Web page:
Leaving Cert chemistry: Heavy emphasis on atomic theory

150-year anniversary of periodic table acknowledged in exam

The 150-year anniversary of periodic table was acknowledged in the Leaving Cert chemistry exam. Photo: iStock

The 150-year anniversary of periodic table was acknowledged in the Leaving Cert chemistry exam. Photo: iStock

 

The higher level chemistry paper was straightforward and made more use of graphs than usual, according to Tara Lyons, chemistry teacher at the Institute of Education in Dublin.

“There was a bit more emphasis this year on atomic theory than in previous years, but nothing too challenging,” she said.

“It was nice to see the 150-year anniversary of the periodic table acknowledged in question five, with a nice, straight-forward question on the topic. One standout feature is that there were three questions involving graphs, whereas usually there would just be one.”

Ms Lyons said that students who practiced with past papers will be happy with the exam.

“Questions on radioactive decay in bananas and calculating the amount of painkiller in doses of ibuprofen in children were particularly nice. Question seven examined acids and bases: Part B involved drawing a graph and using the graph to predict the value of Kw, and then using this to calculate pH. This part of the question would have been challenging to students.”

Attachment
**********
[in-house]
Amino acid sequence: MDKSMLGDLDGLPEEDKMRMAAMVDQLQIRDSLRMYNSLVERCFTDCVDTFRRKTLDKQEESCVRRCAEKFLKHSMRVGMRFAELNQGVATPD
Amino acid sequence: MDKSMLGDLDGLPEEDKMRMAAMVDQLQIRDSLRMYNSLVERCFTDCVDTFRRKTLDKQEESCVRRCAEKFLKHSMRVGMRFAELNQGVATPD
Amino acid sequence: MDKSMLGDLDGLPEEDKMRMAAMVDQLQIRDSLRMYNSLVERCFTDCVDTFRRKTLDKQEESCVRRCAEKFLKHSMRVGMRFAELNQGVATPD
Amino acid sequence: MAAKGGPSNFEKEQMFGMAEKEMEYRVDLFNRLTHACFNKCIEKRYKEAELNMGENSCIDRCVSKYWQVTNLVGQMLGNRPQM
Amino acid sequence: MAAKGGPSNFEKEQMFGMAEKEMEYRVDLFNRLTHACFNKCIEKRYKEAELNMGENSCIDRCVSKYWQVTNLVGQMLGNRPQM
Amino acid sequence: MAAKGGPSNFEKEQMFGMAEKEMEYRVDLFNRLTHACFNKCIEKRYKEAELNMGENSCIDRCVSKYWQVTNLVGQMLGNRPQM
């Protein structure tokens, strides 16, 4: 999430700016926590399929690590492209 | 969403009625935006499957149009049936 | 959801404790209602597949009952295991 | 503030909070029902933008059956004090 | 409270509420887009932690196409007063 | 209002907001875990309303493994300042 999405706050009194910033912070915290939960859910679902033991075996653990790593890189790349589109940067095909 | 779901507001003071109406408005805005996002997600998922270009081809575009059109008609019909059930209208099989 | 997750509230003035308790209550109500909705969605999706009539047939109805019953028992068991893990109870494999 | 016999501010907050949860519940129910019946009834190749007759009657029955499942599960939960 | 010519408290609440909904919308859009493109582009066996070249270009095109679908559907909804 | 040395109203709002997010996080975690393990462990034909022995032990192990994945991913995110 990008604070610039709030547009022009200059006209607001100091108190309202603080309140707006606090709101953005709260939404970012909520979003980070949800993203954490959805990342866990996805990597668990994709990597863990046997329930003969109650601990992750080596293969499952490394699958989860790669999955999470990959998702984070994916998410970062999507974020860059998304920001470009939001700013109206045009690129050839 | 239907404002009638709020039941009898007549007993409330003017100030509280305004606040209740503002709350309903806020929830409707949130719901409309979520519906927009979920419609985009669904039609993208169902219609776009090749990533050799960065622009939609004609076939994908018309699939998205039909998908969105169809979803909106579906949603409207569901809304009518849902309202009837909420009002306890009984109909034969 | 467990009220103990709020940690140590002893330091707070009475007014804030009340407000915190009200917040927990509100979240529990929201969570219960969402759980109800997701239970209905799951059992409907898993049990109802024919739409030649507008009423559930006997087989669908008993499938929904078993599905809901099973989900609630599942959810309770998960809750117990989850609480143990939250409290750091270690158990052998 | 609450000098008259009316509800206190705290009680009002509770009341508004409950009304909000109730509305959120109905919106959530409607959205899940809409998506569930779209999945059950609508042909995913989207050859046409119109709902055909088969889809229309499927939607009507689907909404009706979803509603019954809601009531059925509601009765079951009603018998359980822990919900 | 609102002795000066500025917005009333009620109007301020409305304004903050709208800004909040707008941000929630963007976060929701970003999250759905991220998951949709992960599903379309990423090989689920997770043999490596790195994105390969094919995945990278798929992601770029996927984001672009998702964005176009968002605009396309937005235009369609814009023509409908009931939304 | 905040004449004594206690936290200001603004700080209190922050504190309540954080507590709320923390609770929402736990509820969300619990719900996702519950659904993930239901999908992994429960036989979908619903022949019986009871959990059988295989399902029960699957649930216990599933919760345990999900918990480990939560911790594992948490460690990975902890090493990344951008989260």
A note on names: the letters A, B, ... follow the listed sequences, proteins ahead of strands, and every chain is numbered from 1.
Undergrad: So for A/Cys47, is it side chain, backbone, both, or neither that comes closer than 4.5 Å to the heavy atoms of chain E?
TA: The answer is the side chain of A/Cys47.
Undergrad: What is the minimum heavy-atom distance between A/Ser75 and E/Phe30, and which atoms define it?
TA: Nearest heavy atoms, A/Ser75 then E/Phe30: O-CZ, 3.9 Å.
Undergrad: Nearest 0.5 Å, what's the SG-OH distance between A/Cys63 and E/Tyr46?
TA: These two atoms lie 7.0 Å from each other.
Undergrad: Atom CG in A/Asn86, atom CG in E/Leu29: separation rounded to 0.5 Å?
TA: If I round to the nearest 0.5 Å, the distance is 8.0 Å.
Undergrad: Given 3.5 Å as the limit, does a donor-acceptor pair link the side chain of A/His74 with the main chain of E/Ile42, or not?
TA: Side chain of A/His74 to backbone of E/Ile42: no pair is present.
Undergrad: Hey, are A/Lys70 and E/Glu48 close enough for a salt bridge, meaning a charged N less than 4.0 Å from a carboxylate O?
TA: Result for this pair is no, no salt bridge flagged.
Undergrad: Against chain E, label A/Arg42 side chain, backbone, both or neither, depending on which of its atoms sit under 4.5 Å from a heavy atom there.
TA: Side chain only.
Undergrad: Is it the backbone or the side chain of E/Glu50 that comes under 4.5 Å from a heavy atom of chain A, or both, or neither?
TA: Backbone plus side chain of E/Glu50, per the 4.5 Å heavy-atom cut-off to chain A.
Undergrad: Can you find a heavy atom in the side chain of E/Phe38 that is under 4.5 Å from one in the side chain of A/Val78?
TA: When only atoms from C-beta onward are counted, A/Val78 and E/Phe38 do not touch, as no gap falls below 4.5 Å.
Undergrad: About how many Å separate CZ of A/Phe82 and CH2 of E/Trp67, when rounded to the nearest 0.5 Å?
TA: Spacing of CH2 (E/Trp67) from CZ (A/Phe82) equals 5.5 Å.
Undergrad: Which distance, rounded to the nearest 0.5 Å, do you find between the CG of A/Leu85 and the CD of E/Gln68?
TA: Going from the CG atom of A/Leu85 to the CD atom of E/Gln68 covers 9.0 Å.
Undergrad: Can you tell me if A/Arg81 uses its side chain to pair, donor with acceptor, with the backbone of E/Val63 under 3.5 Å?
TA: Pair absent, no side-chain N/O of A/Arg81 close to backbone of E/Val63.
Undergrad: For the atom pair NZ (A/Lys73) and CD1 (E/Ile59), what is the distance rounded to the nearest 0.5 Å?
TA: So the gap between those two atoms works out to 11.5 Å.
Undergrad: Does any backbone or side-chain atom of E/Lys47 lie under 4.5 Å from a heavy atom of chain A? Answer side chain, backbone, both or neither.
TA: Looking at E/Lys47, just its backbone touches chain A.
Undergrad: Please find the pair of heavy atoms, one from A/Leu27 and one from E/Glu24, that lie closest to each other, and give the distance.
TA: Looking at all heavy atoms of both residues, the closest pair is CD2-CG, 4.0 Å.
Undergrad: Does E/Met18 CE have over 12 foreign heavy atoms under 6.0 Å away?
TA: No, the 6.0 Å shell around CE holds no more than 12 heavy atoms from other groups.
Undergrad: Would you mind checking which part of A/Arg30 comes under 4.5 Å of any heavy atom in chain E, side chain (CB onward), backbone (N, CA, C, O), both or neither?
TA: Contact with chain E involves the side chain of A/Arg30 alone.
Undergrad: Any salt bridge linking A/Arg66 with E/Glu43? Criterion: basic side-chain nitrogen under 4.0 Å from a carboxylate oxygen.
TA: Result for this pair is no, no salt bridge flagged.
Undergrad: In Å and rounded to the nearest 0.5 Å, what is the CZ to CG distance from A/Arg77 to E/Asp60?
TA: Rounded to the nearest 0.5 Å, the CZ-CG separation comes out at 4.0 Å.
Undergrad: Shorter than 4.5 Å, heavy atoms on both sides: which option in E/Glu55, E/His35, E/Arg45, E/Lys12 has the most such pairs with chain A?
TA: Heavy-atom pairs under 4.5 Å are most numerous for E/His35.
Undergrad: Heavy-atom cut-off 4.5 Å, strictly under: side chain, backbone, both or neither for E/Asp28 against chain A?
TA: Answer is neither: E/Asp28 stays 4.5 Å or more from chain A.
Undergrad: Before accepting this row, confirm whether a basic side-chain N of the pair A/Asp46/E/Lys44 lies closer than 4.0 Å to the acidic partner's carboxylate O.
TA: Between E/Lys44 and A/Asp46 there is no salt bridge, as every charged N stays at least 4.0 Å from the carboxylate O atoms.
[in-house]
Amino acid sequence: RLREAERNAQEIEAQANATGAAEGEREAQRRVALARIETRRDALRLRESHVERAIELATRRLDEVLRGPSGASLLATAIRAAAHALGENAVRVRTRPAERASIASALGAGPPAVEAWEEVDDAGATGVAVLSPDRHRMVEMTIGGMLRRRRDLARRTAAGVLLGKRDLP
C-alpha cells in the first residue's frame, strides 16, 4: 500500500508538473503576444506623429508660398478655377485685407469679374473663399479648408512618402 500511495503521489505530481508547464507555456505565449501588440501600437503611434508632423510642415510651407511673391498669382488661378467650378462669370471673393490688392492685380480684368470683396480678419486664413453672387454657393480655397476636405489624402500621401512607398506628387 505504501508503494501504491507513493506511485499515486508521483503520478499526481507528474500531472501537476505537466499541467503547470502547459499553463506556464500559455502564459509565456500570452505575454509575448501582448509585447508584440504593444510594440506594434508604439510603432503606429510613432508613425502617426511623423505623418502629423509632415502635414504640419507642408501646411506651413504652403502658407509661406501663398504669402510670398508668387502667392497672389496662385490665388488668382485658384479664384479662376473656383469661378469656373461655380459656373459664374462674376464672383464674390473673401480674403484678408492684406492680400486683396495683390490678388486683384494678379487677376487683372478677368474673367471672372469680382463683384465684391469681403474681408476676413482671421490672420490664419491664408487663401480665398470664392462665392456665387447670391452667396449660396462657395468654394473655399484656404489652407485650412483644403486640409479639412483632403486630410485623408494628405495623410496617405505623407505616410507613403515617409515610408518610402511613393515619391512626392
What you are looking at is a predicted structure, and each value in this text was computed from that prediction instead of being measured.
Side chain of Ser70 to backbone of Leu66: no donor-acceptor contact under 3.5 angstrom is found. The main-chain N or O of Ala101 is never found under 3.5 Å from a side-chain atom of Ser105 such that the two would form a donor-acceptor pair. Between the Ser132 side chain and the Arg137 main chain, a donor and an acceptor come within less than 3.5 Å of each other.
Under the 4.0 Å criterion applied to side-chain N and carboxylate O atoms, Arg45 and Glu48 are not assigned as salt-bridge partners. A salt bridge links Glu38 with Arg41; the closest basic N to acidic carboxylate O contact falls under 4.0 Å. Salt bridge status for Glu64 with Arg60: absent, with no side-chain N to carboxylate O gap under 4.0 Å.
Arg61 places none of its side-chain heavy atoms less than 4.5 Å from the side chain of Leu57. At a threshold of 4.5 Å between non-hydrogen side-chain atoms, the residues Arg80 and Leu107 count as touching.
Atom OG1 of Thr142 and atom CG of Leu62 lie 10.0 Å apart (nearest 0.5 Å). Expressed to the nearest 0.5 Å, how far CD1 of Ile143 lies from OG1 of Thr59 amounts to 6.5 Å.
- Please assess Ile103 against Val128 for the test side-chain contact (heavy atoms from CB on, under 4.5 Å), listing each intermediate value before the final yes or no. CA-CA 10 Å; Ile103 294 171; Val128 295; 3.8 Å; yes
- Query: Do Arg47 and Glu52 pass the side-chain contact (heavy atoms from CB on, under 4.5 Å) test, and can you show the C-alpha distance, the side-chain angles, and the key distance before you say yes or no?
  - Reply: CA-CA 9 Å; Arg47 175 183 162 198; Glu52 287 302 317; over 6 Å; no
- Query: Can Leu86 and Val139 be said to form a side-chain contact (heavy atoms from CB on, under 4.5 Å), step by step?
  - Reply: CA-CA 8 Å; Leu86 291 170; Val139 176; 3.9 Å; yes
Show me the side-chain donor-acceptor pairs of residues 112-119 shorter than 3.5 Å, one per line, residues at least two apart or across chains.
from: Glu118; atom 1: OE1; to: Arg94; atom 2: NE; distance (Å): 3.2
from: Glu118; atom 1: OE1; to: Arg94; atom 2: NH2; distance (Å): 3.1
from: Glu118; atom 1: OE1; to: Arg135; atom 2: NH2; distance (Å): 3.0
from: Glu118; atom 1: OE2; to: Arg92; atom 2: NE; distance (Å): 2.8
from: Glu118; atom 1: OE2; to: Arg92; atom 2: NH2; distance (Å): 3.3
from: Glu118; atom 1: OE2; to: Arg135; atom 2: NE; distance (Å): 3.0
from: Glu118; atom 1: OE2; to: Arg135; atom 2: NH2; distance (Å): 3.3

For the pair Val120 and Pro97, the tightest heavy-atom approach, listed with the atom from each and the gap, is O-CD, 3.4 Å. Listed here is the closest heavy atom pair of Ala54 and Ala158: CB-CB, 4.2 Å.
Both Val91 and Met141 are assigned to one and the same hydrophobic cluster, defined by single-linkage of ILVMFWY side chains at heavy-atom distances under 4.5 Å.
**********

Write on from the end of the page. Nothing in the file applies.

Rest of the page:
Mary Mullaghy, ASTI representative and a teacher at Eureka Secondary School in Eureka, Kells, said that the paper rewarded students who had covered the whole course.

Difficult

“This is getting more difficult with the introduction of one-hour classes in schools as 20 mins are being lost every week for two years of Senior Cycle.

“As the current syllabus has been around since 2002, the SEC is coming up with novel ways of asking questions, which might be off-putting to some students, as they may not fully comprehend what is being asked of them, even though they actually know and understand the content knowledge.”

The ordinary level paper followed a similar format to previous years and there were no real surprises there, Ms Mullaghy said.

“The gap between the Junior Cycle and Senior Cycle Science science subjects has become a chasm, as the new Junior Cycle science does not prepare students for Senior Cycle chemistry,” she warned.

TRY THIS AT HOME:

Leaving Cert chemistry, higher level (a) What are cathode rays? (b) Bananas contain small quantities of potassium?40, a radioactive isotope. What is the daughter nucleus when K?40 emits an electron in beta decay? (c) State Avogadro’s law.